Alesis released a second version of the MMT-8 but it's really quite difficult to find any info' on it. Some suggest that it was a limited edition version, others believe that it was a Mk II and addressed some of the issues in the well-known grey version. If you know anything about the infamous black Alesis MMT-8, please do let me know.
Technically, this this refurb cost more than the unit is probably worth and quite honestly, I would have dissuaded the customer from proceeding if the machine wasn't in such pristine cosmetic condition. The customer absolutely loves his MMT-8 and like many refurbishments, it's not a case of monitory value. On the other hand, it's something you need to balance up.
So, if you're in a similar situation and considering either an Alesis MMT-8 repair and refurbishment or giving a little TLC to any other bit of gear that you really love, then just message me.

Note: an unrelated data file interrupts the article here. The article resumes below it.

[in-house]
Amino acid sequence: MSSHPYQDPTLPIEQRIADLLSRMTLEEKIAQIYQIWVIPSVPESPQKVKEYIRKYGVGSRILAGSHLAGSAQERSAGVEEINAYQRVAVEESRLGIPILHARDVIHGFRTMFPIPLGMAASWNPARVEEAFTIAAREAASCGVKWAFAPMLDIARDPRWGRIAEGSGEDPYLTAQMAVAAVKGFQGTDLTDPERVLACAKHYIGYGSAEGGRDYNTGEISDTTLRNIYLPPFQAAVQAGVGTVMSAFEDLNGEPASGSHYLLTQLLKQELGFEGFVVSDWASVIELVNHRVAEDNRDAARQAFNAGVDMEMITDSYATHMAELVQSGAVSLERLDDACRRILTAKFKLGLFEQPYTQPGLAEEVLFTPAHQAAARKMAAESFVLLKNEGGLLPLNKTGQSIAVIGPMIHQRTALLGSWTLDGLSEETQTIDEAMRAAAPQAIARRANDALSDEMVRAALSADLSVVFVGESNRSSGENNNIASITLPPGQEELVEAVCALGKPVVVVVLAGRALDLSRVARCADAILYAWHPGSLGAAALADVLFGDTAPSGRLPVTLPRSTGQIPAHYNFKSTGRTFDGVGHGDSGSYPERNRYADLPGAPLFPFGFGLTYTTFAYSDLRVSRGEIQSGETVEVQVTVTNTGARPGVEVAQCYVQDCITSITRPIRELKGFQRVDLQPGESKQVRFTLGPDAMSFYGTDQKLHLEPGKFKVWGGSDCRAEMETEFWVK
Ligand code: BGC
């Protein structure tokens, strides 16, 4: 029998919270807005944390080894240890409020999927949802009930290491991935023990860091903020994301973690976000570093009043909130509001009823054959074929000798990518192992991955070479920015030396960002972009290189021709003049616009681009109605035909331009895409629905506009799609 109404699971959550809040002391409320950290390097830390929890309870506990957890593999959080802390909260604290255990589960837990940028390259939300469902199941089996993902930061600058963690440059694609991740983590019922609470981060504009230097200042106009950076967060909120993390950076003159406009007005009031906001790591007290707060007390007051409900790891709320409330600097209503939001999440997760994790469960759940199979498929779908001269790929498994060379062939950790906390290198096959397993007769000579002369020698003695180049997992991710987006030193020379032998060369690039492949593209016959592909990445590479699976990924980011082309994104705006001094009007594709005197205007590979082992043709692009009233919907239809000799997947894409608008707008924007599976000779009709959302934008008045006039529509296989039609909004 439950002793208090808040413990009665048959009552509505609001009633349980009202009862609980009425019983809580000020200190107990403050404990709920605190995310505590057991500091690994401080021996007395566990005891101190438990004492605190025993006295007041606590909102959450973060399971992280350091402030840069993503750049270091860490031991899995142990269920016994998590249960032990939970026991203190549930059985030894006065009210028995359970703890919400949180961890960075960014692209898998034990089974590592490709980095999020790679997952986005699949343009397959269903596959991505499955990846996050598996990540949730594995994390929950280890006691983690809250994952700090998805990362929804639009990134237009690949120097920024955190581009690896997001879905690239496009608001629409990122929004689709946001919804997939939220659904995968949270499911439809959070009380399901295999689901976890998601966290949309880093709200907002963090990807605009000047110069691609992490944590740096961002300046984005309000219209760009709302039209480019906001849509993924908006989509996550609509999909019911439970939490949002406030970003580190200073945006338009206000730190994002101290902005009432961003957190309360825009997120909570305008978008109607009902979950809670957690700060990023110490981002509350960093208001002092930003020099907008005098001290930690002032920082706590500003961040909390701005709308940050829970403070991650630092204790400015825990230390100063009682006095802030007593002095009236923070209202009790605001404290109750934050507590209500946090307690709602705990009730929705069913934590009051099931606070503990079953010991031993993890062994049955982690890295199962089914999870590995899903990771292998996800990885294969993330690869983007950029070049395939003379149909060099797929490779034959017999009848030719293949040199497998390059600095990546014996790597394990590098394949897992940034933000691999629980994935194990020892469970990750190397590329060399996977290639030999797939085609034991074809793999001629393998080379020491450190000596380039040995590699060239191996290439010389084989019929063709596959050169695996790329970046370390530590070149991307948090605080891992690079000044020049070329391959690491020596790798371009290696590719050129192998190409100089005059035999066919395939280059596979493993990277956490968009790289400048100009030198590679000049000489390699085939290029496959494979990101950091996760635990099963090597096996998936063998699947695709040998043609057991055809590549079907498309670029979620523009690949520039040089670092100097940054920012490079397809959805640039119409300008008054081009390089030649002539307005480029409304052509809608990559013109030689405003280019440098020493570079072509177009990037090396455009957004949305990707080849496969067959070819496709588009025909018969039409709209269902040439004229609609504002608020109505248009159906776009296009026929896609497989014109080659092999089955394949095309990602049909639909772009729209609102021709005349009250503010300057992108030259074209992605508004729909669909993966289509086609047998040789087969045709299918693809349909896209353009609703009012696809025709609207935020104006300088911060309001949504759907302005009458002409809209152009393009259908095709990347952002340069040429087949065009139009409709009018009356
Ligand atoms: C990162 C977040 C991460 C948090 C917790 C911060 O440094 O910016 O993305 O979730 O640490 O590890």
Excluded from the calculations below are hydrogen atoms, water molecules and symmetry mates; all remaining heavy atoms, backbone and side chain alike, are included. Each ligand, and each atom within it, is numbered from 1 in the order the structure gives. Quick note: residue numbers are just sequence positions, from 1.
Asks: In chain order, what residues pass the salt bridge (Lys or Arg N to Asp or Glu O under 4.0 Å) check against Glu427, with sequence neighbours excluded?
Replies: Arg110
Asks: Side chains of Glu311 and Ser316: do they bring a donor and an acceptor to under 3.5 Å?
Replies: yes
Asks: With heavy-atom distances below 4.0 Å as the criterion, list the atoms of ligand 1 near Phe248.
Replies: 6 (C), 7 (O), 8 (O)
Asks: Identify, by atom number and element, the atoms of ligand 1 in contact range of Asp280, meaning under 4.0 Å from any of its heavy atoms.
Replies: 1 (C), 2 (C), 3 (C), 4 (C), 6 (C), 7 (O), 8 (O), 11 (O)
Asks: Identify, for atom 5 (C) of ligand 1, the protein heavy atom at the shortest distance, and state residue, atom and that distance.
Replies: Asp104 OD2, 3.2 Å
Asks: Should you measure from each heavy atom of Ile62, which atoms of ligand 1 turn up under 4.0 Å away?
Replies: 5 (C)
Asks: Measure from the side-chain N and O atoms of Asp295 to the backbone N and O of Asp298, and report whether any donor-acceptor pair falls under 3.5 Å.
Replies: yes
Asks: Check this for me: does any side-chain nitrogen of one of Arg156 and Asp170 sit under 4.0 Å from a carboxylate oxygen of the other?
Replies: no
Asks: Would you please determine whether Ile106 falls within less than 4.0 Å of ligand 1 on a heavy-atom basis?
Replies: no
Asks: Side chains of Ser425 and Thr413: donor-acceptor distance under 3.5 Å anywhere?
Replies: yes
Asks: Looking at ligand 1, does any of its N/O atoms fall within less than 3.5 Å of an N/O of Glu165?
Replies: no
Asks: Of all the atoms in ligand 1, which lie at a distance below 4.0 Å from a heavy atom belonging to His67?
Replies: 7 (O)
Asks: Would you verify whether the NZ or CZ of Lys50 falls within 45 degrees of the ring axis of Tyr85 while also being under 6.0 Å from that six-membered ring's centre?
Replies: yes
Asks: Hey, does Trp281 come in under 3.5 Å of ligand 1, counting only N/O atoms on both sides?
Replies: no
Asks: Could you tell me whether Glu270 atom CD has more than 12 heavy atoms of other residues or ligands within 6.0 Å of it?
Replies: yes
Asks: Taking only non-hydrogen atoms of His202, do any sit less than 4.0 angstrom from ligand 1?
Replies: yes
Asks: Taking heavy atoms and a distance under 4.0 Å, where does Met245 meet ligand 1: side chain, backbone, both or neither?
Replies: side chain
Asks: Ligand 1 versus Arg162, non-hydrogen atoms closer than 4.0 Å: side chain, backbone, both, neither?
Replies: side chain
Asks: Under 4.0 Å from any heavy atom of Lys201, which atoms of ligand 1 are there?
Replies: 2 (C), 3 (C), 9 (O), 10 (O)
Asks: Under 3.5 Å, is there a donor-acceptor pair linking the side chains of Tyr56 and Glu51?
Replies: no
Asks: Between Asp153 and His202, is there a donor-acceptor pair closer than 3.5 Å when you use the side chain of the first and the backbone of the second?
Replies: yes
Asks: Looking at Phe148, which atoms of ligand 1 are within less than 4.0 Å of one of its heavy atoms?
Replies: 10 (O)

UPDATE - 24th November 2020
Okay so I couldn't help myself and, at my own expense, I bought a Winstar WEH001602DBPP5N00000 from Rapid Electronics, SKU is 60-9686 and it arrived this morning.
After checking the pin assignments, I soldered a 14-way connector on to the module, plugged it into the MMT-8 and hey, it worked!
It looks great! I mean it seriously looks good but being lower than the original (and the replacement I bought from circuitbenders), it doesn't butt up against the inside of the display window. Ironically, the viewing angle is therefore slightly reduced, LOL.
At more than two-and-a-half times the price of the circuitbenders' LCD module, you need to think carefully if considering the Winstar WEH001602DBPP5N00000 as an option.
A couple of things to mention; on the original LCD module, the contrast voltage is delivered to pin 3. This is not connected to anything on the Winstar OLED as OLEDs don't have a contrast control.
Also worth noting is that Winstar makes several different coloured versions of the WEH001602D, so if you don't want blue, you might find a colour that does appeal to you. 🙂